As for myself, I was also not above a practical joke.  I wrote a couple of earlier stories about these.  One is mentioned at the front of this story and another is linked here for your enjoyment.   One of my favorite victims for a quick ‘waker-upper’ was a guy named Bobby Clark.  Bobby was a nice guy who worked in an area called pattern storage.  The pattern storage area was primarily located up above the office where there were two floors of dark, quiet attic-like space.  It was one of the few places in the foundry that did not have regular foot traffic.  Some days when the shop was not pouring, I liked to sneak up there and sit at the far end, by a window, for a few minutes of solitude.  Occasionally I would be reminded of being a school kid, when I would try to hide out in the snow (read me).

Bobby and I got along well.  He was one of our better workers, always sober, a family man; he cared about the quality of his labor.  He was one of the few we wanted to keep as the ranks began to thin out.  I played softball and basketball with the men in the shop leagues.  Bobby was one of the better players.  I’ll likely write a story about the sports so I’ll save any further comments other than to say that he had a sense of humor and was generally light hearted.  Unlike many of the roughnecks, he could take a teasing…..the perfect victim.  I don’t recall how I learned this fact, but Bobby was scared to death of snakes.

The office building originally had been constructed in the mid-1800’s and had burned down I think in the very early 1900’s.  It was rebuilt in brick, but the flooring of course was wooden.  Eighty year-old floors creak a lot so if I happened to be in the office and I heard a creak upstairs, I knew Bobby was up there, either retrieving or putting away patterns.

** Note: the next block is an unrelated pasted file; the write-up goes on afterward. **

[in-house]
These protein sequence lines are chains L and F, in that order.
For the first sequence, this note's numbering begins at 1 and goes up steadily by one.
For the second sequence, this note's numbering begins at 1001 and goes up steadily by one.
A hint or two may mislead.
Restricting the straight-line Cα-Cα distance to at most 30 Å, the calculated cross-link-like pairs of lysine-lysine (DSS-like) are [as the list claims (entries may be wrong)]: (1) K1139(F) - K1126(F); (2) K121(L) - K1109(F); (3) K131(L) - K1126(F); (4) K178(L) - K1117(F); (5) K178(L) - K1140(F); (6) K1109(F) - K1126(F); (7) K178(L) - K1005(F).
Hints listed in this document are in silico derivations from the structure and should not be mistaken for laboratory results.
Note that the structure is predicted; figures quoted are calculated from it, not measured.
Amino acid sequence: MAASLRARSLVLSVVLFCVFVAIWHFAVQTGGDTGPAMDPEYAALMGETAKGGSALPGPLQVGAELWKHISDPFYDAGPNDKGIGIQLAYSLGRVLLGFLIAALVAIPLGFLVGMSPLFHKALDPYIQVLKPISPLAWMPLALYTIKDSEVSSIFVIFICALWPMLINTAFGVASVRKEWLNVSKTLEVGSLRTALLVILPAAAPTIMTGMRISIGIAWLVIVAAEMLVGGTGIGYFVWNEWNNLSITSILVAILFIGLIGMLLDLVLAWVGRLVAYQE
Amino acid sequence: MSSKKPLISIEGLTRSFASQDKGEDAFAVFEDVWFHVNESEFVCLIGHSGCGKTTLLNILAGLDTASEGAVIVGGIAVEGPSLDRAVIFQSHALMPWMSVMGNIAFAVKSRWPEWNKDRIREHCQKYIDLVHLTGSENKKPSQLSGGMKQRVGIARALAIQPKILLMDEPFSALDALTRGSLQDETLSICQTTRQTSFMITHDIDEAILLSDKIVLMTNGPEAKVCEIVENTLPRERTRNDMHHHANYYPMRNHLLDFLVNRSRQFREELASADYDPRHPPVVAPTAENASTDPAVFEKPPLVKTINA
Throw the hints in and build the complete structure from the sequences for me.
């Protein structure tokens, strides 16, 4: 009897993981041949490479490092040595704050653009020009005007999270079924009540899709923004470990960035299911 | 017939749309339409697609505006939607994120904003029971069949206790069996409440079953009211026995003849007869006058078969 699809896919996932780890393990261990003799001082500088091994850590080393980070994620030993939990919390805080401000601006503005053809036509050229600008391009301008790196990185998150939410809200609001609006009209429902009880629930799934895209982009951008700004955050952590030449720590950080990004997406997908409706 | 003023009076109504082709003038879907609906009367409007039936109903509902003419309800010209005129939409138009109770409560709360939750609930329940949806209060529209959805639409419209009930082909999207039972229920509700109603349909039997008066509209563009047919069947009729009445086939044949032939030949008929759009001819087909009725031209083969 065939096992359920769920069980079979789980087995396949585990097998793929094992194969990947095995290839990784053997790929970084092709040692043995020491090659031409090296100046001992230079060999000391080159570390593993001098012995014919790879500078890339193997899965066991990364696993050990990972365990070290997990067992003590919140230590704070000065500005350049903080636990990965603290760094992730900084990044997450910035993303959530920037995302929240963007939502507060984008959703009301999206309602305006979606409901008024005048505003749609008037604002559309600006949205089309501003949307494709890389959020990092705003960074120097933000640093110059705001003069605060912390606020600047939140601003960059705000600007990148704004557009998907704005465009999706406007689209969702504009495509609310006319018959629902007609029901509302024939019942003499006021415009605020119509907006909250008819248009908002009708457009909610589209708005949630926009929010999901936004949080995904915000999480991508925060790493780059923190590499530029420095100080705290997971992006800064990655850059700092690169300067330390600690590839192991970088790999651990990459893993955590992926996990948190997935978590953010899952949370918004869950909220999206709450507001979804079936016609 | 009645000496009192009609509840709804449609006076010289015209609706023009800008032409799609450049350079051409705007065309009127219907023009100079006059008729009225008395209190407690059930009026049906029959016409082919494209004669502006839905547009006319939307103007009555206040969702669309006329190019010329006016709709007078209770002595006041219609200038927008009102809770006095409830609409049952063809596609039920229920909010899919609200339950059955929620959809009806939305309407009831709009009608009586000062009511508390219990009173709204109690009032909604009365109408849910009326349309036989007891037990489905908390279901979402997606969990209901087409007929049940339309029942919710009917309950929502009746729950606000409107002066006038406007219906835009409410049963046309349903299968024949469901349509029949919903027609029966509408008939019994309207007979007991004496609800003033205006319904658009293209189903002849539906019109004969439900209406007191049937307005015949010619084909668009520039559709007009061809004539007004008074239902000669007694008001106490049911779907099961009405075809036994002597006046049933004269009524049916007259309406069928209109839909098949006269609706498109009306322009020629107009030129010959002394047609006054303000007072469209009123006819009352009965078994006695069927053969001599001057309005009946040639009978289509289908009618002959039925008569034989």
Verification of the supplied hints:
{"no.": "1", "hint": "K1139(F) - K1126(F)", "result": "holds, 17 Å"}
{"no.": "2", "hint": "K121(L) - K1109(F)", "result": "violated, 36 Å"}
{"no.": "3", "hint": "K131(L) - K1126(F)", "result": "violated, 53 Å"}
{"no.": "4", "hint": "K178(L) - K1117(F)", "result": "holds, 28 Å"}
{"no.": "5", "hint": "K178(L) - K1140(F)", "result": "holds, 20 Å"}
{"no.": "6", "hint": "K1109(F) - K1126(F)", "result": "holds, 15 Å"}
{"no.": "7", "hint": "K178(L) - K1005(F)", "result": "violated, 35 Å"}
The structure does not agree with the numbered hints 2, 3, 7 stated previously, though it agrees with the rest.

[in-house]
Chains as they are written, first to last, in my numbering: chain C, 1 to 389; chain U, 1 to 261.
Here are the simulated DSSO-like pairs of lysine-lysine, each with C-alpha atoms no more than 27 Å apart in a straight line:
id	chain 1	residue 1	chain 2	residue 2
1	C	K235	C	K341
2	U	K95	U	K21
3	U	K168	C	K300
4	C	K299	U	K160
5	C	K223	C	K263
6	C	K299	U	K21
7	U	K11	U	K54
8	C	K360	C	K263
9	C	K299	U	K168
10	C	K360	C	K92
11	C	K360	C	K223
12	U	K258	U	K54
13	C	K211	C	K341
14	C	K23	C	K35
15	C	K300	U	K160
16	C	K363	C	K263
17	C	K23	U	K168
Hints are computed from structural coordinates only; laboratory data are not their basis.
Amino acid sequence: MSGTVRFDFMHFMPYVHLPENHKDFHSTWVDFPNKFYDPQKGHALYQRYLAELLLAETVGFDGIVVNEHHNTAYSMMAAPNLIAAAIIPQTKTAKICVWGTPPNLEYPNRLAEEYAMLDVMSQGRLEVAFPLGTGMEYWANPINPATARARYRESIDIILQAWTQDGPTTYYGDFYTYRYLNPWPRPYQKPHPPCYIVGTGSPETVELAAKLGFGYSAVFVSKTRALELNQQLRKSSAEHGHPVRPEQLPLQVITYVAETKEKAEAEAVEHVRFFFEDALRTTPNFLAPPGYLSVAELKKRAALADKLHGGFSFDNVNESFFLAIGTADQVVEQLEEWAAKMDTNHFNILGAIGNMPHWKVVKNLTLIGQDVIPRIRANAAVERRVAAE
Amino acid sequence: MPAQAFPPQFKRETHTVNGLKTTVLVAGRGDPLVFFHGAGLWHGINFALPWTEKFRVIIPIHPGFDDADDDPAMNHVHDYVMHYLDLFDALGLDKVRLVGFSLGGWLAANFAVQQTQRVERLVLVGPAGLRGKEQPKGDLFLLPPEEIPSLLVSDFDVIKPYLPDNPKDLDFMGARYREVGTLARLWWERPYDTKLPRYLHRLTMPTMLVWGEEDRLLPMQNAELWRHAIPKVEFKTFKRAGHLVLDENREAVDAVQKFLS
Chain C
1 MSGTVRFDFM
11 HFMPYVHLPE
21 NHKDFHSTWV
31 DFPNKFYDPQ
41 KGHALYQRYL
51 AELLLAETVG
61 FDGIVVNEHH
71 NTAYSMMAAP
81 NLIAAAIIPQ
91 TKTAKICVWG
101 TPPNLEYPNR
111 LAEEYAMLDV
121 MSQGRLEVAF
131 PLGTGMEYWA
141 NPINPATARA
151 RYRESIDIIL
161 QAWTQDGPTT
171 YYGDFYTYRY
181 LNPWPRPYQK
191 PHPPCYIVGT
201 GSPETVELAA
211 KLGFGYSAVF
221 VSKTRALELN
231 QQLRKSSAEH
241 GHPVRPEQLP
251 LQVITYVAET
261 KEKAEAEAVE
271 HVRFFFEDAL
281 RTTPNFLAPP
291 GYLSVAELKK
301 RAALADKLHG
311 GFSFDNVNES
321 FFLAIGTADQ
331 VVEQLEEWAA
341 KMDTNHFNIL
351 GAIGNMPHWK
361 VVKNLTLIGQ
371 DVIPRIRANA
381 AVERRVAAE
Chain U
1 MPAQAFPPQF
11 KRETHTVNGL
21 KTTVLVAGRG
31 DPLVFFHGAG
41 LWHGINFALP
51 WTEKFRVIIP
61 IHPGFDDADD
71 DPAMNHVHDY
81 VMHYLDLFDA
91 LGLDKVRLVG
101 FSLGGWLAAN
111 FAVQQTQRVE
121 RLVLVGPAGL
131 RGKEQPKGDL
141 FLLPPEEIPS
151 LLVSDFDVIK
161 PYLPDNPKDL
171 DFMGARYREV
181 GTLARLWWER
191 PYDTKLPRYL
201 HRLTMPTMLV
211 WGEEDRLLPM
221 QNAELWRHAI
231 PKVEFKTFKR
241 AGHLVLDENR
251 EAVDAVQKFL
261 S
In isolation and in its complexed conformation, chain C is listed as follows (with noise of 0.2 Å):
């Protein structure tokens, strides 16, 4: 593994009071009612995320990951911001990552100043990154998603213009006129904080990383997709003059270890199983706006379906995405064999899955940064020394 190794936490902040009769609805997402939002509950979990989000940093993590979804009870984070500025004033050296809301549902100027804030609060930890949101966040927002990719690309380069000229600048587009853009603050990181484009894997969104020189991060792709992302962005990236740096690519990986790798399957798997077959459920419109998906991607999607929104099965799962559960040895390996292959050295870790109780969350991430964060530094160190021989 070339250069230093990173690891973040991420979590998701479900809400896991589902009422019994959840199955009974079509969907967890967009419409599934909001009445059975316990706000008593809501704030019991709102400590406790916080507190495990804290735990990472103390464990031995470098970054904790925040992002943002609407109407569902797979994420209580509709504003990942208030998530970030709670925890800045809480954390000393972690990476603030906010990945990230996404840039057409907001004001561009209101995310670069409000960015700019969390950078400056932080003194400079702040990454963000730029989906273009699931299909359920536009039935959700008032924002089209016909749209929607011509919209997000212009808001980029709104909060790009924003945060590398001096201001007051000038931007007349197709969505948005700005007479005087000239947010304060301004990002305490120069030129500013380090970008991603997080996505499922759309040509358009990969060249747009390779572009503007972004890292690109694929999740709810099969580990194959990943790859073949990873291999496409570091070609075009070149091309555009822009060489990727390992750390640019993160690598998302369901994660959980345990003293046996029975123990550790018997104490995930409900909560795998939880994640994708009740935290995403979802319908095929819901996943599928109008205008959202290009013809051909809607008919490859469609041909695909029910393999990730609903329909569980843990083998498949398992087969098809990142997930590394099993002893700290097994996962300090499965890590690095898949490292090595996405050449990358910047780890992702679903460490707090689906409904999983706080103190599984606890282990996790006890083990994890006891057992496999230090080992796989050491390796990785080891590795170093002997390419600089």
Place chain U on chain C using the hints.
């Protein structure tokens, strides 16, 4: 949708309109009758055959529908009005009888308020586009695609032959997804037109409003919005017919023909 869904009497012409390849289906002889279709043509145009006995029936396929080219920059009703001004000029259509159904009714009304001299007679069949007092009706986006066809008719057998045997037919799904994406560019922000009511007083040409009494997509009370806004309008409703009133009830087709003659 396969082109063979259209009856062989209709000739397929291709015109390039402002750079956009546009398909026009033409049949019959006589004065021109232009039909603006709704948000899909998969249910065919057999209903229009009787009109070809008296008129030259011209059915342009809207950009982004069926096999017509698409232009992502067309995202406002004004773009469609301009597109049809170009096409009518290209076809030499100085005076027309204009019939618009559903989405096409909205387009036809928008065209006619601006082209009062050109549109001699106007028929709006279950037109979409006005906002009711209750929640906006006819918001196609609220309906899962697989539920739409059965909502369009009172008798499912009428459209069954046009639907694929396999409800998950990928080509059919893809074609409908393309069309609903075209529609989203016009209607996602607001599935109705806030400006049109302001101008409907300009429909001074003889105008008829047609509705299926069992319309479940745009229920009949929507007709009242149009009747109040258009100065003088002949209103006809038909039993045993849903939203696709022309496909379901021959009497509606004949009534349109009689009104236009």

This never got old.

I would get up and walk into the lab next door to retrieve a long piece of rubber tubing.  Next would come the task of sneaking up the steps without being heard.  I can still see the gray paint on the wooden steps, still see the double nailing in each step.  I remember which steps I had to avoid, the ones that creaked no matter where a person stepped.  The best place to put my feet was near the edges, usually right on top of a nail.  There were only 13 steps, but it would take more than 5 minutes to sneak up them.  Once up the steps, I had to listen before choosing my next step in order to figure out in which section Bobby was working.

The optimal location would be the area that had two more floors.  If I was fortunate, Bobby would be up on the third floor.  The third floor was not standard solid flooring – it was essentially a bunch of parallel planks so I had to be careful about moving about below Bob because he could see below to the second floor where I would be hiding.  When the conditions were right though, I would be crouched, hiding in one of the aisles, waiting for Bobby to come down the steps and past where I was hiding.  At the moment he crossed into my field of vision, I would toss out the ‘snake’ up into his face and I would emit a loud hissing sound.

I have no doubt Bobby imagined this

I have no doubt Bobby imagined this

Bobby would absolutely lose it.  He would quickly drop what he might be carrying, would instantly reach to grab the snake and would toss it the ground while he was backing away, all in one terrified motion.  I would nearly convulse with laughter.

Other than to exchange a couple of letters with Earl Thompson, (one of the owners), I lost track of everyone I ever worked with at Deuscher’s.  The company was sold a year after I left to work for P&G and then folded in bankruptcy, closing the doors forever a few years after that while we were living in Louisiana.  At one time there were over 30 foundries in Hamilton.  Now there is but one, a small aluminum and brass shop.

Occasionally I used to dream about my early jobs with Taco Bell and Deuscher’s, sometimes even mixing up the two in my dreams.  I wonder if Swede still has nightmares of insects in his pants or if Bobby sees snakes in his dreams.  It’s been a very long time since I played a joke on another person.  Sometimes I wonder where that person is today.  Is this what ‘growing up’ is?  If it is, I’m not so sure it’s all good.


2 comments on “More Foundry Days – Practical Joking at the Foundry in Hamilton, Ohio

  1. […] I wanted. I’ve shared a number of fun stories about Deuscher’s like this one and this one, or even this one.  Lunchtime was special there too and so it deserves a little […]

  2. […] it the C St Water Tower.  Greenway was also not too far away from the foundry where I worked, (link).  I would even ride my bike to work from there on […]